The use of subsurface Stabilization grouting plans was considerably more difficult and costly. One reason is that the mine conditions could never be visually inspected during construction. In preparation for the grouting plan, the inferred location of the deep mine from local mine maps typically was plotted on the foundation plans and then a grouting plan was designed to stabilize the foundation footprint for the substructure units. Although the mine maps were fairly accurate, they were not always plotted accurately on the foundation plans. This was typically due to the lack of reliable surface references on the mine maps. The designs that used these maps to produce grids of grout holes for the location of mine voids and subsurface subsidence fractures upon actual drilling sometimes found predominantly intact coal instead of open-mine conditions. This ultimately made it more costly to locate subsurface voids and fractures for Stabilization, by the addition of grout holes. It was determined in the field that use of primary grid patterns in the influence area of the foundation footprint should be completed without reference to the provided mine maps and then conditions analyzed and treated by performing secondary or offset holes in areas of intact coal.

Additional problems associated with the subsurface Stabilization plans were the subsidence conditions encountered. Generally, the mines encountered during construction were either collapsed (fully subsided) or apparently had been backfilled during mining operations. Most were completely flooded with water. Only the recently abandoned portions of active mines and main haulage ways of the older mines were found to be open voids.

Many of the designs required the use of low strength concrete grout mixes to be injected in areas of voids. The review of drillers' grout hole logs often indicated larger voids (6 to 10 feet) than those encountered during performance drilling (1 to 3 feet). Use of concrete grout in these smaller voids resulted in poor grout takes and thus poor subsurface Stabilization. The use of flowable fill grout without concrete with an 11-inch slump proved to be the best method of ensuring grout take in the smaller voids and fractures, and only use of a stiffer grout with a 5 to 7 inch slump or concrete grout to construct cutoff walls or curtains to prevent flow of less stiff grout from the influence areas.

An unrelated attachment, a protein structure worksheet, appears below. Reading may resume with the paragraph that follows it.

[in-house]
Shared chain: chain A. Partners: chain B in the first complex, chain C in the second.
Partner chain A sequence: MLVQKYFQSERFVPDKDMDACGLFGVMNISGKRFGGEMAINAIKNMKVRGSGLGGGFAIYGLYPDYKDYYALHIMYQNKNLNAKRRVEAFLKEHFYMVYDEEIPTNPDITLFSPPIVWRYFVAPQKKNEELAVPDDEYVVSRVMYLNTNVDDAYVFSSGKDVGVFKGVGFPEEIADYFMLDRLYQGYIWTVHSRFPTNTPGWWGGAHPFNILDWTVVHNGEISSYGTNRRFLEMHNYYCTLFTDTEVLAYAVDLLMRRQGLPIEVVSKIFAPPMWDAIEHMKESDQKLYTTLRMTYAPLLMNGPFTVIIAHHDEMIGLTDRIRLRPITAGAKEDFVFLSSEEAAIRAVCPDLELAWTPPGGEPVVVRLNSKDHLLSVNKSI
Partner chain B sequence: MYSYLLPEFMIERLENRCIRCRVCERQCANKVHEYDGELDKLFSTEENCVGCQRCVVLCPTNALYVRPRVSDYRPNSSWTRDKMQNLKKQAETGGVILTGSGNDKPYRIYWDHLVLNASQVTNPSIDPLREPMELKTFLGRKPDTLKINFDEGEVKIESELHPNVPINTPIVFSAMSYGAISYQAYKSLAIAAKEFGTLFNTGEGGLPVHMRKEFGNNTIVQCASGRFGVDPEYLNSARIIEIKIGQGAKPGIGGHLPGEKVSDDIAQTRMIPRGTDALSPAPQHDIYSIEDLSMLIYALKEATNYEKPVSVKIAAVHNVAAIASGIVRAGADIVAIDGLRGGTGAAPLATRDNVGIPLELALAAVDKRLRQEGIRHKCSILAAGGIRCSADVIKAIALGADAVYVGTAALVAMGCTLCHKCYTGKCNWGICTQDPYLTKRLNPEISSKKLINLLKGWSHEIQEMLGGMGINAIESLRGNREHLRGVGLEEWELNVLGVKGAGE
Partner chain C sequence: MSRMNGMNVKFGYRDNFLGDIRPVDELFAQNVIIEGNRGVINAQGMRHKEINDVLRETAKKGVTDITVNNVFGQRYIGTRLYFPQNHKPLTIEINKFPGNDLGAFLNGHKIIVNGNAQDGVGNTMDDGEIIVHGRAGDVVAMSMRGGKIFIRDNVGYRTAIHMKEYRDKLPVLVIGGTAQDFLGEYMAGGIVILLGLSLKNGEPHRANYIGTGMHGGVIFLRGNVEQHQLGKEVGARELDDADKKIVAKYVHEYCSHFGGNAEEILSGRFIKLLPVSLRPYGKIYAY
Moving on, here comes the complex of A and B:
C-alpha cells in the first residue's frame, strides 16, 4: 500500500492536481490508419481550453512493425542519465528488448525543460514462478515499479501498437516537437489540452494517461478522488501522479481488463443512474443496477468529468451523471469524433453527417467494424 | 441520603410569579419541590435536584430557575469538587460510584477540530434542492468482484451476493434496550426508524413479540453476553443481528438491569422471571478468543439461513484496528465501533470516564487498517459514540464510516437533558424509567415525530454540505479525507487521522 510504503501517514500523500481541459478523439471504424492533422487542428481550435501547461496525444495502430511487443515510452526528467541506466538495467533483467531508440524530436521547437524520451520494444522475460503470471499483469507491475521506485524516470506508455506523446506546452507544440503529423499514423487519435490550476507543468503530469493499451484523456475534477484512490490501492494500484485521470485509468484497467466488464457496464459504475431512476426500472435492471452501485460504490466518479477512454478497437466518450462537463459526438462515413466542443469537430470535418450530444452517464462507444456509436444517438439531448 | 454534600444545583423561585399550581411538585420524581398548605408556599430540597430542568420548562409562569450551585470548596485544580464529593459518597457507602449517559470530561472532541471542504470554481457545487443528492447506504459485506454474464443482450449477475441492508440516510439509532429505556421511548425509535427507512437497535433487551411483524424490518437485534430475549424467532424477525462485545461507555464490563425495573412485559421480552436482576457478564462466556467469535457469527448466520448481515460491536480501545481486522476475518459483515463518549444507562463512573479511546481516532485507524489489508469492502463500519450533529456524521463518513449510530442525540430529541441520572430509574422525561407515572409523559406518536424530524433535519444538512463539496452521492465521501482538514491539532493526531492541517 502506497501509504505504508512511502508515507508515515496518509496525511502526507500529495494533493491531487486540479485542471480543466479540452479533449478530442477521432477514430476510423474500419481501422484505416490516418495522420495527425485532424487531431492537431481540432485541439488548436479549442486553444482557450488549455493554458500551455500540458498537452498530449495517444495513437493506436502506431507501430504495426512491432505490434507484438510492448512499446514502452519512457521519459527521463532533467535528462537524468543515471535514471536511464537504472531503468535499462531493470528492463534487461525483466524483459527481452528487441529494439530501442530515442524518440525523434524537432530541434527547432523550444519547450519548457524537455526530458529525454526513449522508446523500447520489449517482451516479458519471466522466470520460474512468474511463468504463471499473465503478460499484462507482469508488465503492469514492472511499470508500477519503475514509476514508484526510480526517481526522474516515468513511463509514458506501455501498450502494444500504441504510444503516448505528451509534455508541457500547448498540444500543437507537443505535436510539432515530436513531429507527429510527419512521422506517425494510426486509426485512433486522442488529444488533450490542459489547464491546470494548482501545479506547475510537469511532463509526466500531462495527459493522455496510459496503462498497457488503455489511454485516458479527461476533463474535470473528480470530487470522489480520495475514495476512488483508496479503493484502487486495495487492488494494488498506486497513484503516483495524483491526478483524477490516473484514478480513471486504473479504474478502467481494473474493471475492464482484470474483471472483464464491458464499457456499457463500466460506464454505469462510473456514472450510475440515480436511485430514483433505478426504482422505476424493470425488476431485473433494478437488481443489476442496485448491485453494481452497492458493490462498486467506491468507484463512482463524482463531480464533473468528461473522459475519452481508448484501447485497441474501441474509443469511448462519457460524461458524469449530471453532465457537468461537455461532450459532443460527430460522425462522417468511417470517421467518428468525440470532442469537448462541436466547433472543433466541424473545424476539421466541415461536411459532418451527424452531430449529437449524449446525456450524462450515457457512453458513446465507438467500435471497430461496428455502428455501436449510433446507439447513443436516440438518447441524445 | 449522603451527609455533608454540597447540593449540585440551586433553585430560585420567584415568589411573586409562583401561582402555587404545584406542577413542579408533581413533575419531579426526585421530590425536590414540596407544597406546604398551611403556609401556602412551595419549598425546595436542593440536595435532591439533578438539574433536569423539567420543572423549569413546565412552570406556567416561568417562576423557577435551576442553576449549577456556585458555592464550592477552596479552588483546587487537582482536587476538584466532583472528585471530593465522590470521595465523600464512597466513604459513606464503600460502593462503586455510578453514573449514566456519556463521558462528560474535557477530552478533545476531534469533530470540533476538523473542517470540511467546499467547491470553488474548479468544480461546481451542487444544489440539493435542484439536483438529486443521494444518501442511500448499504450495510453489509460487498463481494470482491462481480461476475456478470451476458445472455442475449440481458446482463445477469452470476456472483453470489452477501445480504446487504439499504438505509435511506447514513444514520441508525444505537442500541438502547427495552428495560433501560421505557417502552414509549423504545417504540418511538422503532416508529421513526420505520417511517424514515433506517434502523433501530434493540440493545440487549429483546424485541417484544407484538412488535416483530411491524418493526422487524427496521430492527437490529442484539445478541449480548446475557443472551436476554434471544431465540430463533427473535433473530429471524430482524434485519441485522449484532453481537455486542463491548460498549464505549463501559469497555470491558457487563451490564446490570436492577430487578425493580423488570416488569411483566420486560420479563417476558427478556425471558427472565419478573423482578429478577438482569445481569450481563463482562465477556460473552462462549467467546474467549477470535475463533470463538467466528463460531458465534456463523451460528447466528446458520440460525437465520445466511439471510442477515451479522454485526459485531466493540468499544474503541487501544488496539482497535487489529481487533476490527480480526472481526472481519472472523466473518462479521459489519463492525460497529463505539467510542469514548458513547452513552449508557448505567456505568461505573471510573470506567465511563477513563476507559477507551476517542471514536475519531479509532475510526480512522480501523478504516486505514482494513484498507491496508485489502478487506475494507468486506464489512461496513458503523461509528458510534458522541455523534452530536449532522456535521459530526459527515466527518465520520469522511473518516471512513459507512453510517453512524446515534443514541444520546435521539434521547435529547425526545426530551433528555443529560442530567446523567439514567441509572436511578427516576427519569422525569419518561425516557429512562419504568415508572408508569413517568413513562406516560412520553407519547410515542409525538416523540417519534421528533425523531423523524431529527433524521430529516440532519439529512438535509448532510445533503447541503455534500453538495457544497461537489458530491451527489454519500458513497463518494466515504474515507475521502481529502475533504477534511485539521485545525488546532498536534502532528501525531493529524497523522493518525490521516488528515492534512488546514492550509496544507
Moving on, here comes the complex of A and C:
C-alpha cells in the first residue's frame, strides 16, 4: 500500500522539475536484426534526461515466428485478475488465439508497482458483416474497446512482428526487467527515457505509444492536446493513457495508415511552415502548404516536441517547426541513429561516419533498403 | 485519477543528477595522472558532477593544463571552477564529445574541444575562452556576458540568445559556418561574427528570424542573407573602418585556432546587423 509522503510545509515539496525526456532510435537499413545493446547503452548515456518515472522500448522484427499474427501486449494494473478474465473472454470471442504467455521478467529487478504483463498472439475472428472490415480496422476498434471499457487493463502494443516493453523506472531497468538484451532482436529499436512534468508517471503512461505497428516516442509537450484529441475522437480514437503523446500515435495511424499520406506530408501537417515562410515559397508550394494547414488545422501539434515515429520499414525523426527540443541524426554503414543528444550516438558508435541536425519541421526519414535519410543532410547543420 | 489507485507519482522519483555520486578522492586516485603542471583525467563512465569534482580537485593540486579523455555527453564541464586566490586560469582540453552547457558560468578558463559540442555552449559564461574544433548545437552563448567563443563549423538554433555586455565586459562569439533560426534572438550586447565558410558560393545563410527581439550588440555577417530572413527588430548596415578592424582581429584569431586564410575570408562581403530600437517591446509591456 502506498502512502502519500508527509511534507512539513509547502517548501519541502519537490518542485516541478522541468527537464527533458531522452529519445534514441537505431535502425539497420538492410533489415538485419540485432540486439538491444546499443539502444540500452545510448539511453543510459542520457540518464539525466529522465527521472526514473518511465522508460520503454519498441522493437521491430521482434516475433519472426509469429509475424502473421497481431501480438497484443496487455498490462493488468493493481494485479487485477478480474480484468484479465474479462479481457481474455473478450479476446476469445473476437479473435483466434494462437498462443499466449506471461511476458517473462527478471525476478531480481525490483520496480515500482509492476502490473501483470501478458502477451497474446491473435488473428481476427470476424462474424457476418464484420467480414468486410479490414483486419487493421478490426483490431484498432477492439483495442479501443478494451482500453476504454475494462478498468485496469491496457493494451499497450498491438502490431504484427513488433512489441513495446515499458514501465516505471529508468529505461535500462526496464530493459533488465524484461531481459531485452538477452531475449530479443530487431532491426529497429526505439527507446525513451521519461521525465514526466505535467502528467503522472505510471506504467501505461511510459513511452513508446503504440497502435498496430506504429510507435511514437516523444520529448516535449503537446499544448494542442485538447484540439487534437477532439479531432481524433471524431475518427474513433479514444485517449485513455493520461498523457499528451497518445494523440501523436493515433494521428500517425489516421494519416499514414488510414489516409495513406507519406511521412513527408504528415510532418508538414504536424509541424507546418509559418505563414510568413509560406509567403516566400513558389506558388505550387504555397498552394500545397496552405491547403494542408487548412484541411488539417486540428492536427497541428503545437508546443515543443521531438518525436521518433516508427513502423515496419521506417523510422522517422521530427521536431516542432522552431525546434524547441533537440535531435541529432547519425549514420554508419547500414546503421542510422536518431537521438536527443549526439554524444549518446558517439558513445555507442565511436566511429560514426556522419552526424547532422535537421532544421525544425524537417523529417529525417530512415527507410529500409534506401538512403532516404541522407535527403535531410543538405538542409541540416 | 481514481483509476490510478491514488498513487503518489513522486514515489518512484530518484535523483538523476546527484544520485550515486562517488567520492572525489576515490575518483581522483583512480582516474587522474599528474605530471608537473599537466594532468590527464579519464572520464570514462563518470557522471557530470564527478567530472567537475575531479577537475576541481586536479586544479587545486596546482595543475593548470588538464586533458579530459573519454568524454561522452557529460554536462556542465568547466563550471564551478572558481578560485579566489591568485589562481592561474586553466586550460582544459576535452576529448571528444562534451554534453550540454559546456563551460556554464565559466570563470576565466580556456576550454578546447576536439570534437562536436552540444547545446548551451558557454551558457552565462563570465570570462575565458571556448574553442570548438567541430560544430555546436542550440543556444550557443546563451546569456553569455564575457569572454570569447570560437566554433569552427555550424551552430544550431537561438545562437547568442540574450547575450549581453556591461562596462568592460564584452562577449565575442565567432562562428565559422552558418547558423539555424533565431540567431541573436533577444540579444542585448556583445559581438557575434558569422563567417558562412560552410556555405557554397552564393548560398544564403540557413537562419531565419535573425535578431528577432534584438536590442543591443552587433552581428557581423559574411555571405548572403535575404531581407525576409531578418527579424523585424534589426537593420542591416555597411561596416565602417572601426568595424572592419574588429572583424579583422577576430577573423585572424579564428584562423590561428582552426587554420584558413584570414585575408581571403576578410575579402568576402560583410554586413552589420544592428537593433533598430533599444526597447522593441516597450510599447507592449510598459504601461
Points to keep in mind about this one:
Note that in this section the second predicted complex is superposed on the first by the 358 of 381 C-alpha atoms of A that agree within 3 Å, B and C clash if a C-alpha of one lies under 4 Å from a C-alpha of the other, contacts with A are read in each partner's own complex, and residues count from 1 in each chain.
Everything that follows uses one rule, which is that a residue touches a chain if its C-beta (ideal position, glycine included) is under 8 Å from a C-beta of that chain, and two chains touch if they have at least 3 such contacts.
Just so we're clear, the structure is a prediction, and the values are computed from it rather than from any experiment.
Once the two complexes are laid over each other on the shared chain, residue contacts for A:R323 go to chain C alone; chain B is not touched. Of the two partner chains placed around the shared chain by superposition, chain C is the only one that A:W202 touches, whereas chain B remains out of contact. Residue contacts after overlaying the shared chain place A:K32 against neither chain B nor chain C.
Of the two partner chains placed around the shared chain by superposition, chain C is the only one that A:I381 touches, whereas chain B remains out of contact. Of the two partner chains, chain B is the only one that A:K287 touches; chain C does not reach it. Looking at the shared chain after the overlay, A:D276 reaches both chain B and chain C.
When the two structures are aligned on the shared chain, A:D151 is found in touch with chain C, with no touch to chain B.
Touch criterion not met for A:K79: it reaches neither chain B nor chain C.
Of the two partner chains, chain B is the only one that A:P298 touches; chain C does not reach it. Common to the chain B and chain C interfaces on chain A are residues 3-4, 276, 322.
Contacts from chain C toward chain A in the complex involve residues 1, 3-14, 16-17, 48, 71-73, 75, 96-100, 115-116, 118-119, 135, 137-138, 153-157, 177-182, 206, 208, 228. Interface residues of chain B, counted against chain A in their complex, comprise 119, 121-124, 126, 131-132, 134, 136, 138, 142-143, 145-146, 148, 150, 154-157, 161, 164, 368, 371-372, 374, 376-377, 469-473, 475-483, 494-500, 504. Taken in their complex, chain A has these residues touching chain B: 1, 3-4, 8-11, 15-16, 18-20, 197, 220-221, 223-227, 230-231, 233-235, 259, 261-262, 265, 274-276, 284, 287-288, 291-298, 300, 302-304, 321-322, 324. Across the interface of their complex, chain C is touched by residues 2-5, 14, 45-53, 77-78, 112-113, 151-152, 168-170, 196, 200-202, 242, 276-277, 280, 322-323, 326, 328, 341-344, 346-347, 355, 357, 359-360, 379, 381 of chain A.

Application of the Guidelines for Roadways - Most of the time, the guidelines and special provisions for the handling of underground mines worked well in roadway areas. In some locations, such as under small ancillary structures, it was required to remove all the coal in the roadway template. In other locations, it was decided to leave the coal in place and collapse the voids. This was done where an abundant amount of water was discovered at the mine level.

Application of the Guidelines for Active Mines - Contractors had to coordinate with mine operators for sequencing and scheduling of blasting and other activities with impacts on mine operations. Designs related to specific surface impacts had to be adjusted to account for changes in mine operations from the time of design.

For example, during the time from design to construction, the elevation of the fine-coal refuse slurry pond discussed above increased by over 8 feet. This presented a marked change in the schedule of construction as well as the safety of the construction of the temporary dike. The contractor proposed to stabilize the refuse in-place utilizing soil mixing. This involved the mixing of a high-early strength grout with the refuse to harden it to a consistency appropriate for foundation of roadway-embankment and slurry-dam construction. This work was performed using specially adapted tools affixed to an excavator and a crane-supported mixing apparatus. Depths of stabilized slurry ranged from 0 to greater than 50 feet. Design criteria required an unconfined compressive strength of 100 psi. In addition to the revised design, another permit modification was required to be prepared and submitted on behalf of the mine operator.